The History of Easter
Easter is a time of Joy - It is a celebration of the resurrection of Jesus Christ, the son of God.
Easter is the principal festival
of the Christian church year. The origins of Easter date to the beginnings of
Christianity, and it is probably the oldest Christian observance after the
Sabbath (originally observed on Saturday, later on Sunday). Later, the Sabbath
subsequently came to be regarded as the weekly celebration of the Resurrection.
Although principally a celebration commemorating the resurrection, the celebrations of Easter have many customs and legends that are pagan in origin and have nothing to do with Christianity
Scholars, accepting the derivation proposed by
the 8th-century English scholar St. Bede, believe the name Easter is thought to
come from the Scandinavian "Ostra" and the Teutonic "Ostern"
or "Eastre," both Goddesses of mythology signifying spring
and fertility whose festival was celebrated on the day of the vernal equinox.
The English name "Easter" is much newer. When the early English
Christians wanted others to accept Christianity, they decided to use the name
Easter for this holiday so that it would match the name of the old spring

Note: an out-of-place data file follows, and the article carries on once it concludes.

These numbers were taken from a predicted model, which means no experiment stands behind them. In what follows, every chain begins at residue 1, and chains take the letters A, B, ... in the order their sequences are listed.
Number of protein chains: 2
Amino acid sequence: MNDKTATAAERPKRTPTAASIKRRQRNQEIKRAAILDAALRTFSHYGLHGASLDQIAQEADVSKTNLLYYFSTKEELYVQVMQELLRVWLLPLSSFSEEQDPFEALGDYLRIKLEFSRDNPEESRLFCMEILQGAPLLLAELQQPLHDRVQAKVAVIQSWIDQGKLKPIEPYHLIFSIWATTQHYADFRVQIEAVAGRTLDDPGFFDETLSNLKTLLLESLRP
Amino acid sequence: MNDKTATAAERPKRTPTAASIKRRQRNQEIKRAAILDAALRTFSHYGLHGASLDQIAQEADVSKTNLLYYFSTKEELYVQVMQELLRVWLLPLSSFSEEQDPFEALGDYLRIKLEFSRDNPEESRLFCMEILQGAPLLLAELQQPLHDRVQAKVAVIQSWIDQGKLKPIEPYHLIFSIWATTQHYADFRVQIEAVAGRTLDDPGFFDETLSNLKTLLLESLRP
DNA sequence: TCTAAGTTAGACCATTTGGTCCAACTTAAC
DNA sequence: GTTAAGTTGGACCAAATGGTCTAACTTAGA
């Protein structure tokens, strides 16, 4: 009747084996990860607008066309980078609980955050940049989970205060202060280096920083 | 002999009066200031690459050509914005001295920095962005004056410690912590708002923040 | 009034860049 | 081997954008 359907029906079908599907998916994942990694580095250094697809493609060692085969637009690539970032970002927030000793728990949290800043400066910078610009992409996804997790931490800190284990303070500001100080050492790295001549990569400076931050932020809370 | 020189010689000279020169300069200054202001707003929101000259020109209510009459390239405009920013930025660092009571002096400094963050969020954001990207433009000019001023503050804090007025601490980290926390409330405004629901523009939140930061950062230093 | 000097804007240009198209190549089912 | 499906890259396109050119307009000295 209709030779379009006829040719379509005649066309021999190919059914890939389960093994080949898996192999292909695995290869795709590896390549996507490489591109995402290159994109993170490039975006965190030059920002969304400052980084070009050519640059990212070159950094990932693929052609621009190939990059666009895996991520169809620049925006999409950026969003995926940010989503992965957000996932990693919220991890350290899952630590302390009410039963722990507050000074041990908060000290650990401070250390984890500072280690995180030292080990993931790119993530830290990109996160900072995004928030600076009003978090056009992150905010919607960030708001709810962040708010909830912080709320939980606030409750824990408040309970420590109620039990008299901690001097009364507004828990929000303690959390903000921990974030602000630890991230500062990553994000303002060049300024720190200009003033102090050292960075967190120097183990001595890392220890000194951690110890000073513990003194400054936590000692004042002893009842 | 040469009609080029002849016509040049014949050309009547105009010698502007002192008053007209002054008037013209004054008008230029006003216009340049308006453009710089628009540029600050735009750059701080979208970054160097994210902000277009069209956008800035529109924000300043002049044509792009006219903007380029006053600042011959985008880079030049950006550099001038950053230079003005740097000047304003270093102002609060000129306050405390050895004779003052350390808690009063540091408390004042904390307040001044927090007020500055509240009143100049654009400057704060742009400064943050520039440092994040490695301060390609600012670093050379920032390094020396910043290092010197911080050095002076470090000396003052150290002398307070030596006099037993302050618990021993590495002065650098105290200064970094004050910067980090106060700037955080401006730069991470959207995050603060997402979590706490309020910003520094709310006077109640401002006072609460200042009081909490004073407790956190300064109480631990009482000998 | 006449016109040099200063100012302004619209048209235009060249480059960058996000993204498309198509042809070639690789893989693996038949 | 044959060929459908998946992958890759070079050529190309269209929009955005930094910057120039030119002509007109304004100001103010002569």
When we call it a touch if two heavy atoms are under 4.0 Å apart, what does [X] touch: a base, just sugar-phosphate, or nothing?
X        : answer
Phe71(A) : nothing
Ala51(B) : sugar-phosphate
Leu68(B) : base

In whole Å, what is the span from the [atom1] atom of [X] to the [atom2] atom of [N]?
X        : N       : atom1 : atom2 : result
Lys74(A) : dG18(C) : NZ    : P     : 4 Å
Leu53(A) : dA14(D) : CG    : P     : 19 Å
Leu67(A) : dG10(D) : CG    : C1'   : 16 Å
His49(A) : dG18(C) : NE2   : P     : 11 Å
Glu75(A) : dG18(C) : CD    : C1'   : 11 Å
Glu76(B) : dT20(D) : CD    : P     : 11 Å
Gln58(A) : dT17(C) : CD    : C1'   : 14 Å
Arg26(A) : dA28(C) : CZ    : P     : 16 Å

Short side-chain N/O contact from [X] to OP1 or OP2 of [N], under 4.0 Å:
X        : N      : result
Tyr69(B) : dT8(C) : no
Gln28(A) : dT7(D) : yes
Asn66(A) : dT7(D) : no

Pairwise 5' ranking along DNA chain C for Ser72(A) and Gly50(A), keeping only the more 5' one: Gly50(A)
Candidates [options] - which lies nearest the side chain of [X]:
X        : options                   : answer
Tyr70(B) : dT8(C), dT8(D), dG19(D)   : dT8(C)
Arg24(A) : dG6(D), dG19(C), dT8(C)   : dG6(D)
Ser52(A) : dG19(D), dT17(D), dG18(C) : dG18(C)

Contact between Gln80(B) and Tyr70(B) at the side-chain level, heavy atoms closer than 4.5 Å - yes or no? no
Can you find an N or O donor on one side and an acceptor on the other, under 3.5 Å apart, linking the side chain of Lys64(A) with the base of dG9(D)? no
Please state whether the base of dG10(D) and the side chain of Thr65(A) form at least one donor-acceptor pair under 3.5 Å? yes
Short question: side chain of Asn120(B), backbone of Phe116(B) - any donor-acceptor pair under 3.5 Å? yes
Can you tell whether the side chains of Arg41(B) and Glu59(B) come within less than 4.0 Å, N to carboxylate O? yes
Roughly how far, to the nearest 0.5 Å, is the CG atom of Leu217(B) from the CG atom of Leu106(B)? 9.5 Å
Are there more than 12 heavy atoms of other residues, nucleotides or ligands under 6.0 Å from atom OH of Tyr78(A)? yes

celebration. This made it more comfortable for other people to accept
The prechristian Traditions associated with the festival survive in the Easter rabbit, a symbol of fertility, and in colored easter eggs, originally painted with bright colors to represent the sunlight of spring, and used in Easter-egg rolling contests or given as gifts
The Christian celebration of Easter embodies a number of converging traditions with emphasis on the relation of Easter to the Jewish festival of Passover, or Pesach, from which is derived Pasch, another name used by Europeans for Easter.
Jewish Passover is celebrated during Nisan, the first month of the
Hebrew lunar year. It is an important feast
in the Jewish calendar which is celebrated for 8 days and commemorates the
flight and freedom of the Israelites deliverance from about 300 years of bondage
the Christendom the Sunday of Pascha had become a holiday to honor
Christ. At the same time many of the pagan spring rites came to be a
part of its celebration. May be it was the increasing number of new
converts who could not totally break free of the influence of pagan
culture of their forefathers.
Thus easter is observed by the churches of the West on the first Sunday following the full moon that occurs on or following the spring equinox (March 2I). So Easter became a "movable" feast which can occur as early as March 22 or as late as April 25
Christian churches in the East which were closer to the birthplace of the new religion and in which old traditions were strong, observe Easter according to the date of the Passover festival.